You can think of this fee as some sort of subscription fee to the brand. Royalty fees generally work as percentages taken from your gross revenue.

This is beneficial to the franchisee as the franchisee only pays from the revenue they make.

The typical royalty fees are around 6% of the gross revenue in most industries. However, from business to business, these numbers could also change.

The lowest royalty stands around 5%, and the highest is about 10% on average.

How Do You Calculate Franchise Fees?

The calculation of these franchise fees is mostly a combination of several franchise fees. Franchisors determine the numbers for royalty and marketing fees by the monthly gross revenue of the franchise branch.

Almost exclusively, franchisors use percentages to determine the ongoing fees based on the revenue. There are generally no set numbers apart from the initial fee.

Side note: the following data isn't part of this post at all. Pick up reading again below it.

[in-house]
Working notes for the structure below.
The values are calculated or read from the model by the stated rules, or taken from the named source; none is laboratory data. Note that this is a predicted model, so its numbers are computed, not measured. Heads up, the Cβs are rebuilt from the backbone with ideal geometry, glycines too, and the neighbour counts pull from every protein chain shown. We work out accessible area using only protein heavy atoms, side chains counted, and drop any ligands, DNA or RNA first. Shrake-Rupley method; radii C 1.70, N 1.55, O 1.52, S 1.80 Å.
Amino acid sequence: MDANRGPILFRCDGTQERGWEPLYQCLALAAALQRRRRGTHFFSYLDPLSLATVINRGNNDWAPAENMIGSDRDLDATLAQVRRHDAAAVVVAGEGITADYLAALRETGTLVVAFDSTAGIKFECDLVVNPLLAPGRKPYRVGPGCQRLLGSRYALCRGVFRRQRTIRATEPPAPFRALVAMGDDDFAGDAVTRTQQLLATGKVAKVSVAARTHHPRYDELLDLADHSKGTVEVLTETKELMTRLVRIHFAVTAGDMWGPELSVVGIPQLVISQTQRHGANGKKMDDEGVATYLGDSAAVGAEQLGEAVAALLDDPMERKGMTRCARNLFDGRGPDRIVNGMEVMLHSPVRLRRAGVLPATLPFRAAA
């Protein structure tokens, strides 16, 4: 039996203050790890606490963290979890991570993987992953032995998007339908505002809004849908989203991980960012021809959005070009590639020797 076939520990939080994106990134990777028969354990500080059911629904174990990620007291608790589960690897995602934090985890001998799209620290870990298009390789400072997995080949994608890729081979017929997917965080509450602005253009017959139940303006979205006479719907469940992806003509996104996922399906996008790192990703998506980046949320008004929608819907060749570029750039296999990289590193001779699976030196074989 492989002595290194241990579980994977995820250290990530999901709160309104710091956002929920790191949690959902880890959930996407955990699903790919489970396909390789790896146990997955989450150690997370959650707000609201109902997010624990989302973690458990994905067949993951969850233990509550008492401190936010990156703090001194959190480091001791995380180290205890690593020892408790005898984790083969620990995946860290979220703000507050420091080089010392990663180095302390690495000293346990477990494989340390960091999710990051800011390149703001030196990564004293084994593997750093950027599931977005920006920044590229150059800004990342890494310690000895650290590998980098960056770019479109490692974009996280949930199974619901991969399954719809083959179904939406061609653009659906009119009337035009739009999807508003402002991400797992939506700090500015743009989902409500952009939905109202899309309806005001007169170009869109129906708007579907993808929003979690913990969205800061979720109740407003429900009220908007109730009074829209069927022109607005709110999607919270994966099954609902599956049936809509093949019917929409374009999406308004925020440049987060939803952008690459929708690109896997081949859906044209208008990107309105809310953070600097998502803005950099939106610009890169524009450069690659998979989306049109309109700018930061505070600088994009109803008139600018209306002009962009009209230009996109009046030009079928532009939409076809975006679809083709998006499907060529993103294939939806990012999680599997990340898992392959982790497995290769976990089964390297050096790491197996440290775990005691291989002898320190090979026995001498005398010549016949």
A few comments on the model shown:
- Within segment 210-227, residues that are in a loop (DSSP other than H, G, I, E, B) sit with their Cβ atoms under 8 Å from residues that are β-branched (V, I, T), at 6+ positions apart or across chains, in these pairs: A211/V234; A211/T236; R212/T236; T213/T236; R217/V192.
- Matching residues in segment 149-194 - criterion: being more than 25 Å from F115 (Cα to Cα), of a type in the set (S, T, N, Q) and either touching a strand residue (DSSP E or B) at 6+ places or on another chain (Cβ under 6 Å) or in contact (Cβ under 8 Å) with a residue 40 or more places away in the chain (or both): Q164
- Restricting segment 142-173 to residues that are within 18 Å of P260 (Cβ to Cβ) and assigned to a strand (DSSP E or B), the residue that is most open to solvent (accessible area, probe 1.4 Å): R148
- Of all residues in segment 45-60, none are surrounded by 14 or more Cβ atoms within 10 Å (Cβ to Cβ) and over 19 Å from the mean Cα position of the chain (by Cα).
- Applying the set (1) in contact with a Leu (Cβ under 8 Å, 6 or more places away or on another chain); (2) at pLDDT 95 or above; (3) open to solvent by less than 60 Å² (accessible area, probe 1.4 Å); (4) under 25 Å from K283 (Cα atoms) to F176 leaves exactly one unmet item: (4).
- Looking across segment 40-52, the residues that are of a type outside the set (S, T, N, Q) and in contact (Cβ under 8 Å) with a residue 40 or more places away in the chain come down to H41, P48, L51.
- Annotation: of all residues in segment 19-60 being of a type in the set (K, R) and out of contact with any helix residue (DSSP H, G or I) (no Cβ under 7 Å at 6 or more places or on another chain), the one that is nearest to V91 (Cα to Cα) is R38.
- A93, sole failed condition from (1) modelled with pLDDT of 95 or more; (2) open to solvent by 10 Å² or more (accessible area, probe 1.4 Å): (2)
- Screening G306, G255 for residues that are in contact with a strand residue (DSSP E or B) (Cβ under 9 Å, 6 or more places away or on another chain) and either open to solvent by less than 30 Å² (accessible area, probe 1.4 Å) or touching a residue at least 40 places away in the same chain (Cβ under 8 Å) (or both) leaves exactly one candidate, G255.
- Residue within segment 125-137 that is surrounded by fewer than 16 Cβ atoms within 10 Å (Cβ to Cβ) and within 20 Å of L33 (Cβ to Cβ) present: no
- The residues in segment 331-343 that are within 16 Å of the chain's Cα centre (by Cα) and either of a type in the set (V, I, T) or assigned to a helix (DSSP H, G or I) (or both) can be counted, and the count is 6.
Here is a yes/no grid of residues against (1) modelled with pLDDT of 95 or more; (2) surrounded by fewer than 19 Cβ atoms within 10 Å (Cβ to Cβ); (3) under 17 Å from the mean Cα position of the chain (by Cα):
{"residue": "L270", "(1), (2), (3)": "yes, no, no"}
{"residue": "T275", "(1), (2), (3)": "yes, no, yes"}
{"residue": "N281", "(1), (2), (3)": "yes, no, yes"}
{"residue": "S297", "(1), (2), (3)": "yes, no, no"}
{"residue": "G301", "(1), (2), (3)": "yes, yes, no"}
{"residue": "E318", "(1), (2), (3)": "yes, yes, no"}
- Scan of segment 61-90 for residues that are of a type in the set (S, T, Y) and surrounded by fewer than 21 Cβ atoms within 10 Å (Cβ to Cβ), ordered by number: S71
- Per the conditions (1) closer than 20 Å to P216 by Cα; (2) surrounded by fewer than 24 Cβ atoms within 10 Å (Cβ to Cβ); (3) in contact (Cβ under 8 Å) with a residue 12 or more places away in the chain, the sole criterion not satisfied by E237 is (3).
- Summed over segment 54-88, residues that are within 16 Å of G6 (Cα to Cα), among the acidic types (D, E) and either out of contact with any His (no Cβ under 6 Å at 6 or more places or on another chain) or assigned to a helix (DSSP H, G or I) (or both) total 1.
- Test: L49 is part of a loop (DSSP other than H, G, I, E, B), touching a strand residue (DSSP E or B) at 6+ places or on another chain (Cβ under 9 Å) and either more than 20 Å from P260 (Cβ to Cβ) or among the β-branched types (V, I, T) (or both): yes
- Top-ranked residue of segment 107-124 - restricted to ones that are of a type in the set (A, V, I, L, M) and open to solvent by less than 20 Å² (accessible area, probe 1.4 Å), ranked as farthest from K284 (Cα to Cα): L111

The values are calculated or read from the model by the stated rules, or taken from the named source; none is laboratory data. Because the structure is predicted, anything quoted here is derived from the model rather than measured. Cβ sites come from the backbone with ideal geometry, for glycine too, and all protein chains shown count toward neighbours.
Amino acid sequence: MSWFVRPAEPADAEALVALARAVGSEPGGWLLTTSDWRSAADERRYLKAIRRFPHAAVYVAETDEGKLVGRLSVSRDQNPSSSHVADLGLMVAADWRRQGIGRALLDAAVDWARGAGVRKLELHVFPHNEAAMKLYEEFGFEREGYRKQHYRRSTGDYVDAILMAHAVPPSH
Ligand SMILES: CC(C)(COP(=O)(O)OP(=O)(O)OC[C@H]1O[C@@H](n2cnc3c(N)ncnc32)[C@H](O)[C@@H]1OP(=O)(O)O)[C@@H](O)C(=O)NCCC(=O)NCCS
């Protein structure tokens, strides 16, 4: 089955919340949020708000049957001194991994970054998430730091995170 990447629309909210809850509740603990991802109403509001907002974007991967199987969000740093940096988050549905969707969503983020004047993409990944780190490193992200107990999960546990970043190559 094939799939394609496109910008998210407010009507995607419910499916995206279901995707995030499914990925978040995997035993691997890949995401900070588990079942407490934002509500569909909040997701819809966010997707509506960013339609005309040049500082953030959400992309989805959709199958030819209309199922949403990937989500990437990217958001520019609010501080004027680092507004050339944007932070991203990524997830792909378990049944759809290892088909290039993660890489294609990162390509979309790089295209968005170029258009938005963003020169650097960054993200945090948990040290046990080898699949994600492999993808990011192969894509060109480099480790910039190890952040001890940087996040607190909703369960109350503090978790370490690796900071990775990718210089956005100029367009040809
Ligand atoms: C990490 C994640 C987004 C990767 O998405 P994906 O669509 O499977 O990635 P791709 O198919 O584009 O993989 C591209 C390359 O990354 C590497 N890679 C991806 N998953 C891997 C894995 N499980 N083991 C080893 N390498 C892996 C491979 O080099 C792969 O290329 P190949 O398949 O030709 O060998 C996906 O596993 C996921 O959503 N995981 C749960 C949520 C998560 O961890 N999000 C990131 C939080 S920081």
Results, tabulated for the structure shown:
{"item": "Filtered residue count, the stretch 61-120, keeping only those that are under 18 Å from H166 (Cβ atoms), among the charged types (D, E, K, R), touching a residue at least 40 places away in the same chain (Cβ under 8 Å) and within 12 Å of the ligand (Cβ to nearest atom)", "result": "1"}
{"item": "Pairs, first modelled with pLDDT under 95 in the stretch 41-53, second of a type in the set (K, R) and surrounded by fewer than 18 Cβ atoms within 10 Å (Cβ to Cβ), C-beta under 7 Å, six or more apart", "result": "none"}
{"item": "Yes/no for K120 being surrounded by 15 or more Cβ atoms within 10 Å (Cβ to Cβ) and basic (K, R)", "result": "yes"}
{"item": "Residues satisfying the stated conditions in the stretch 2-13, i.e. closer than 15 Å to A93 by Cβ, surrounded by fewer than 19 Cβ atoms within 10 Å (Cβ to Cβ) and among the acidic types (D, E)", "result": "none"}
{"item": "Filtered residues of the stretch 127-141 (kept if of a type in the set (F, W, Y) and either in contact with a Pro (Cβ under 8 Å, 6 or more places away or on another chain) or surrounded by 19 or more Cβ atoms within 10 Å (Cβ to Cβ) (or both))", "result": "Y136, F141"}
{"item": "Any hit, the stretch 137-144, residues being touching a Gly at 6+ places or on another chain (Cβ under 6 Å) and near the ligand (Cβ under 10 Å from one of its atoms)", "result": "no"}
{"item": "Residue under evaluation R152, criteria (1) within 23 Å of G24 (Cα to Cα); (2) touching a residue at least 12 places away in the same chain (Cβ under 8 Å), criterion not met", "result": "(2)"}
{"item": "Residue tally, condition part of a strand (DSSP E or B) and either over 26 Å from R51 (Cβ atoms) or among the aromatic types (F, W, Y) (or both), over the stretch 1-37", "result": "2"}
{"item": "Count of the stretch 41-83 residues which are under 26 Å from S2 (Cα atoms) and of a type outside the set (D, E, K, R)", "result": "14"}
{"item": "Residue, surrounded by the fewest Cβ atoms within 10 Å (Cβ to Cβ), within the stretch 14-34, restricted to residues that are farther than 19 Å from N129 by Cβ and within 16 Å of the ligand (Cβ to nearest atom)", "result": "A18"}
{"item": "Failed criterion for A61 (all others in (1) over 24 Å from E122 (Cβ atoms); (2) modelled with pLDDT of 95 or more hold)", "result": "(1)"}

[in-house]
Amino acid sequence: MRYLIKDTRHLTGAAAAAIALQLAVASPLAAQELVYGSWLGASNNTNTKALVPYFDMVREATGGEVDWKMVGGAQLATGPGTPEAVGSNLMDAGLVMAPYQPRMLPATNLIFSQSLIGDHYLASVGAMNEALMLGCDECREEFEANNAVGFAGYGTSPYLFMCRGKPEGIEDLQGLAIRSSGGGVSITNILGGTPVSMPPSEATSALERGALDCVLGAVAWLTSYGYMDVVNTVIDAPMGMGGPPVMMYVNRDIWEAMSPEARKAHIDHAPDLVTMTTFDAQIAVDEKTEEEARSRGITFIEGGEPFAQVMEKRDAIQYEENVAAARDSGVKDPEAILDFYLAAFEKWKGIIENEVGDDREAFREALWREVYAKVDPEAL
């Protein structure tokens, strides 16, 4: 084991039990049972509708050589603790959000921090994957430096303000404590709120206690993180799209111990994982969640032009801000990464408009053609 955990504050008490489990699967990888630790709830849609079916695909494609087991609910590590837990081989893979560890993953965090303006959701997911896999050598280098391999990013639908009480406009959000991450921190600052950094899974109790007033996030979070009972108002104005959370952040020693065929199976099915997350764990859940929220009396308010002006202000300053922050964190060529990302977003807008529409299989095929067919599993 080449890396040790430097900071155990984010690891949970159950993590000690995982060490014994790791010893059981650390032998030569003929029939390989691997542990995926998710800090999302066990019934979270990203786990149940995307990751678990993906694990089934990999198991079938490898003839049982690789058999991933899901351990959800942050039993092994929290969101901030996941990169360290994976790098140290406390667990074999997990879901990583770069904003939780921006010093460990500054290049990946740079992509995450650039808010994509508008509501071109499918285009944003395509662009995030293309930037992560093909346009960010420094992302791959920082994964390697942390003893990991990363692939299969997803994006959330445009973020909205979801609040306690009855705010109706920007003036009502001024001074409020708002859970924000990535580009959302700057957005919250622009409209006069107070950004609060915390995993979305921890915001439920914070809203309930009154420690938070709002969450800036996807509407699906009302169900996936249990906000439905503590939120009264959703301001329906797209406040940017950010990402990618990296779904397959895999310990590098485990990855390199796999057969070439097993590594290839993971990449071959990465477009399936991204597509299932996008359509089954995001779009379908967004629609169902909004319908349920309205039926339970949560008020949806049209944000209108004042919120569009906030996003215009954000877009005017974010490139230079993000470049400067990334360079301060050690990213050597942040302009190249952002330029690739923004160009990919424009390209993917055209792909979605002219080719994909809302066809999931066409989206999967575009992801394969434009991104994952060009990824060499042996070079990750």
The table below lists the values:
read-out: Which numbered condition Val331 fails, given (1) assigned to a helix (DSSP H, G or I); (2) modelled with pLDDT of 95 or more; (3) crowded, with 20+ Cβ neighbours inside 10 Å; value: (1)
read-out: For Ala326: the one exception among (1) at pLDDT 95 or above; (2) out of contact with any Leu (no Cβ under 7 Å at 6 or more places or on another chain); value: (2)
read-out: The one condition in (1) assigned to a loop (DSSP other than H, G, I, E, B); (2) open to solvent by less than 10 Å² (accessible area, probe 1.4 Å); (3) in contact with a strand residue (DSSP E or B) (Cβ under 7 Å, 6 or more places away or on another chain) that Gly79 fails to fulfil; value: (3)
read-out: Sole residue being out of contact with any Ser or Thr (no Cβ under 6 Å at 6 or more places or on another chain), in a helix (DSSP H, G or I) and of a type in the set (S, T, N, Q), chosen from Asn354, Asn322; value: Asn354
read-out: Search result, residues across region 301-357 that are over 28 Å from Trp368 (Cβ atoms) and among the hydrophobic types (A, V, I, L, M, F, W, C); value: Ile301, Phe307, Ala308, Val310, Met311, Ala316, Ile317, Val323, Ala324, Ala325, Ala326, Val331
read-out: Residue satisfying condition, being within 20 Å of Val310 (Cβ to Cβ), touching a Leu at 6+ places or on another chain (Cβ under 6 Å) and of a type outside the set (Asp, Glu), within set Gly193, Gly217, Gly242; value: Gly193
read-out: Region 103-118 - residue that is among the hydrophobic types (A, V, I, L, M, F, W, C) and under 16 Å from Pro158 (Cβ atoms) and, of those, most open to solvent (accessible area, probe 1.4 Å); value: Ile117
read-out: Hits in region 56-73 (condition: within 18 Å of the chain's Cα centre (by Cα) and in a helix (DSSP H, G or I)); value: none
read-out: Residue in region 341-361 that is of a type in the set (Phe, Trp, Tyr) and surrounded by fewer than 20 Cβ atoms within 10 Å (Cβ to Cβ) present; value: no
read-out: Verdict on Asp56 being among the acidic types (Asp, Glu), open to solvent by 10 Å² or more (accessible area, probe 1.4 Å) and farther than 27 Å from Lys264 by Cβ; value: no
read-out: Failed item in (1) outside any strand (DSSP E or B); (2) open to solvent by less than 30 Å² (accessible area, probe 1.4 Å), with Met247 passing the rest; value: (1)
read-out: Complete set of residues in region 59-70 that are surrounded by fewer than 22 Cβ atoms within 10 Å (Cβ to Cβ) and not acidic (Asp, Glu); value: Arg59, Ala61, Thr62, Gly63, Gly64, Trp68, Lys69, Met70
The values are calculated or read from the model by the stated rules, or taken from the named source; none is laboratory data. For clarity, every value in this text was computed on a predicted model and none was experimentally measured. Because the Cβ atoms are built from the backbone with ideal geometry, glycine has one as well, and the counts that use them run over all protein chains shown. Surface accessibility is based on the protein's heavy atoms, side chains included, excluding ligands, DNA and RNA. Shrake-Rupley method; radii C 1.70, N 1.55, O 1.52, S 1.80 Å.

These percentages generally come from the industry and business market sentiment.

Also, they sometimes already have a set number as corporate guidance. You can see all the calculations in detail in your franchise disclosure document.

Read: What Is Total Investment In A Franchise?

The Verdict

If you have the idea to open your own franchise business, you should now have a clear picture of what franchise fees are and how much you can expect to pay.

Normally, there are three different fees for franchise fees, and they vary based on quite a lot of variables.

That is why it is always better to do your own research about the industry and the business before making the decision to purchase a franchise.

Once you know the franchise’s finances, you can start negotiating with the franchisor to open your franchise.